Possibly the most forceful part of the presentation was the Lionhead duo's comment: "Don't be pulled into the spiral of doom." Specifically, this relates to signing a new game in order to use some of the new resources to help finish existing games - an extremely tempting thing to do, but a harbinger of doom for any firm that does it. (The Lionhead co-founders noted that they'd been tempted, but had never done this.)


Fable: The Lost Chapters

Something that came up in the Q&A, but functioned as a major talking point for indies as well, was the subject of developer/publisher contracts for gaming. Molyneux suggested that the way these deals are negotiated is "completely flawed" for the independent developer, as he urged: "There needs to be a mindset change in this industry".

The Lionhead co-founder referenced the problems of milestone payments when you have no idea what a specific feature set will be many months down the road, and also publishers' possible reluctance to pay for milestones for what is essentially 'polish' with no major content. Overall, as a "hybrid model [derived from] the record industry," including royalty payments kicking in often with some delay, Molyneux concluded that the current method just "doesn't work any more."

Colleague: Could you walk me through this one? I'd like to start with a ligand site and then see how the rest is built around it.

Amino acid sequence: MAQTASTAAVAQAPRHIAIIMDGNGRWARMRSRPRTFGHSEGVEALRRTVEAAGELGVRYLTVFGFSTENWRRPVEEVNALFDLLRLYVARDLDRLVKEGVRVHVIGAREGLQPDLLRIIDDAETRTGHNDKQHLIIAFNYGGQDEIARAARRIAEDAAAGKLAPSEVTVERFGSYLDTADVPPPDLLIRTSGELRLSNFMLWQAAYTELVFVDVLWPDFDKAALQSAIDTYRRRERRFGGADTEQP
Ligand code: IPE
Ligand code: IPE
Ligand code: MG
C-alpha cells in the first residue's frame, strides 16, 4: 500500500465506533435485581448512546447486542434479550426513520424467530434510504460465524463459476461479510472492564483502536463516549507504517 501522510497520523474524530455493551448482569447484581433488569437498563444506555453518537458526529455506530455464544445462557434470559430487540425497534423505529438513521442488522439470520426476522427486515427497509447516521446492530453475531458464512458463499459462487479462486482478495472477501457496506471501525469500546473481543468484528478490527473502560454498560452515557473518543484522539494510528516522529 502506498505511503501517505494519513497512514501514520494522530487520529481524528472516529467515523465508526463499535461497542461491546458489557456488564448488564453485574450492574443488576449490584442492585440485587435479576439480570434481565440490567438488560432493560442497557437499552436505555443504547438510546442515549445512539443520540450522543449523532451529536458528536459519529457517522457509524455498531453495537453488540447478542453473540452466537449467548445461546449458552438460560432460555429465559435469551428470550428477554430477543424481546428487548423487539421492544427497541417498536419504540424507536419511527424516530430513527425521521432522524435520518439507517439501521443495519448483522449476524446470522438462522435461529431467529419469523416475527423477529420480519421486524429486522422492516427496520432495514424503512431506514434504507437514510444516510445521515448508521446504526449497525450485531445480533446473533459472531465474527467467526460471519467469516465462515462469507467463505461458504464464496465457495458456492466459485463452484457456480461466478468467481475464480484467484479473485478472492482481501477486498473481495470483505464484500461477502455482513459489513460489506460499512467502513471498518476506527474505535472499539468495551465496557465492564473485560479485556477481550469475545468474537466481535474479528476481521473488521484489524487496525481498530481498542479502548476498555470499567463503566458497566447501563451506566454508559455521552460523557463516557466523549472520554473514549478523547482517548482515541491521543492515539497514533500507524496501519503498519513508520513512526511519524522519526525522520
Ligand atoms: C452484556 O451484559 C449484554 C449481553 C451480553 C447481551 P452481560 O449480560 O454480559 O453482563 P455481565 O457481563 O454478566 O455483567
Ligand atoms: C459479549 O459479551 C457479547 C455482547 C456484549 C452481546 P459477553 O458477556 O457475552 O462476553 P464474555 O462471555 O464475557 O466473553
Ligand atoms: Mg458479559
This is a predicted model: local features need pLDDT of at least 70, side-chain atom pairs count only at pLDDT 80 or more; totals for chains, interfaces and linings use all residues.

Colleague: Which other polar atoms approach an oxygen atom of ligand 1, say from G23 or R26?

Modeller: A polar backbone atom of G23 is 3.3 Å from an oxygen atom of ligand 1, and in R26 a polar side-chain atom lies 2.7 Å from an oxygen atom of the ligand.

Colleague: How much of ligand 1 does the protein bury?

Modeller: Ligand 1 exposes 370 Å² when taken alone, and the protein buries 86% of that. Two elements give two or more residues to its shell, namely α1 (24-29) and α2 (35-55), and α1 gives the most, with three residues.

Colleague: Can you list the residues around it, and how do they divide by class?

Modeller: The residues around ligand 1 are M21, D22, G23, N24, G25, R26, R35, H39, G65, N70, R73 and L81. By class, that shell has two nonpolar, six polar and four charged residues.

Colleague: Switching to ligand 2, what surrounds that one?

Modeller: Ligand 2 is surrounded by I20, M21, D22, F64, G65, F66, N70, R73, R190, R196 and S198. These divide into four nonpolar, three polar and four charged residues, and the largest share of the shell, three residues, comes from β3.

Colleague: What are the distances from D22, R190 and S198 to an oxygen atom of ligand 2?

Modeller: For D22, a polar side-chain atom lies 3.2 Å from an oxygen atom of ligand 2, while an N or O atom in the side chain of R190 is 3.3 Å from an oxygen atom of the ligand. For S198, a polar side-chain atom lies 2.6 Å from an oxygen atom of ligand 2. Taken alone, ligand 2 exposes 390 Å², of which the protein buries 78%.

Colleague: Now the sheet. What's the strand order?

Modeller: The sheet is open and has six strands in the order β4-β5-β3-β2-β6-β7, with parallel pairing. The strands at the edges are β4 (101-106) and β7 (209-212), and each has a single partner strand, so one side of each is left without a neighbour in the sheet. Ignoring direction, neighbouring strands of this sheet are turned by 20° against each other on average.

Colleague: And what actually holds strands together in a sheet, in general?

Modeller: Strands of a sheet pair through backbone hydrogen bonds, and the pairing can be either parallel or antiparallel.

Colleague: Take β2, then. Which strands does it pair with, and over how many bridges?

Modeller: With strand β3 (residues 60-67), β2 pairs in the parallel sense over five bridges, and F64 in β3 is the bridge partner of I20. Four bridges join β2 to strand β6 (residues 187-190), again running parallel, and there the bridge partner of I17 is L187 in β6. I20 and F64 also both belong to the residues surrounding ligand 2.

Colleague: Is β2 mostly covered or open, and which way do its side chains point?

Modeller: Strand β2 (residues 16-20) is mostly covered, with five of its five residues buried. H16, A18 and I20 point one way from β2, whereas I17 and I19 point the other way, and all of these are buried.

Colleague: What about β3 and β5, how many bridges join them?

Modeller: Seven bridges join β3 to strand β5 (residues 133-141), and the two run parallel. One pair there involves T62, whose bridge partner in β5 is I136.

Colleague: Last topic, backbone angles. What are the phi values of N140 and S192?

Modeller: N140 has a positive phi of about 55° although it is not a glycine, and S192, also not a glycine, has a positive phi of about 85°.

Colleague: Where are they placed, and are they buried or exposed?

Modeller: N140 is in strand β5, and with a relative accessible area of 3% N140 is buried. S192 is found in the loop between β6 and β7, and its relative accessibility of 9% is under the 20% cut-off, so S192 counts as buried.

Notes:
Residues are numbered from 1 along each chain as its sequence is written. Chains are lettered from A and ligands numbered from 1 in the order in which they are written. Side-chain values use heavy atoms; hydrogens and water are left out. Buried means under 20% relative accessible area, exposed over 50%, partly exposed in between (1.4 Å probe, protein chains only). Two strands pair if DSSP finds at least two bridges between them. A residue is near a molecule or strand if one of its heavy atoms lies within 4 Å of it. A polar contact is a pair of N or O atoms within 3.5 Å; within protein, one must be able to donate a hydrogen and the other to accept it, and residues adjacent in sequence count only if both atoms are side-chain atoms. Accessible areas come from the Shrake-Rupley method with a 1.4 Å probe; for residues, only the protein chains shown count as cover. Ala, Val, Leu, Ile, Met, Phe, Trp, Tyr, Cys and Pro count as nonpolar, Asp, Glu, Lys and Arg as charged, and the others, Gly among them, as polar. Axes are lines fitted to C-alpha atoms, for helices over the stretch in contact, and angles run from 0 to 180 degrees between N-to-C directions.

The final tips for indie game developers from Molyneux and Webley were heartening, being simply enough: "Be true to your goals," and "...enjoy what you're doing." It was suggested that, as an indie, enjoying facing the problems and defeating them will get you through. And this remarkably honest London Games Summit talk from the duo did a great job of explaining where they felt Lionhead had gone right and wrong, and signposting the major lessons for all to see - also an admirable goal.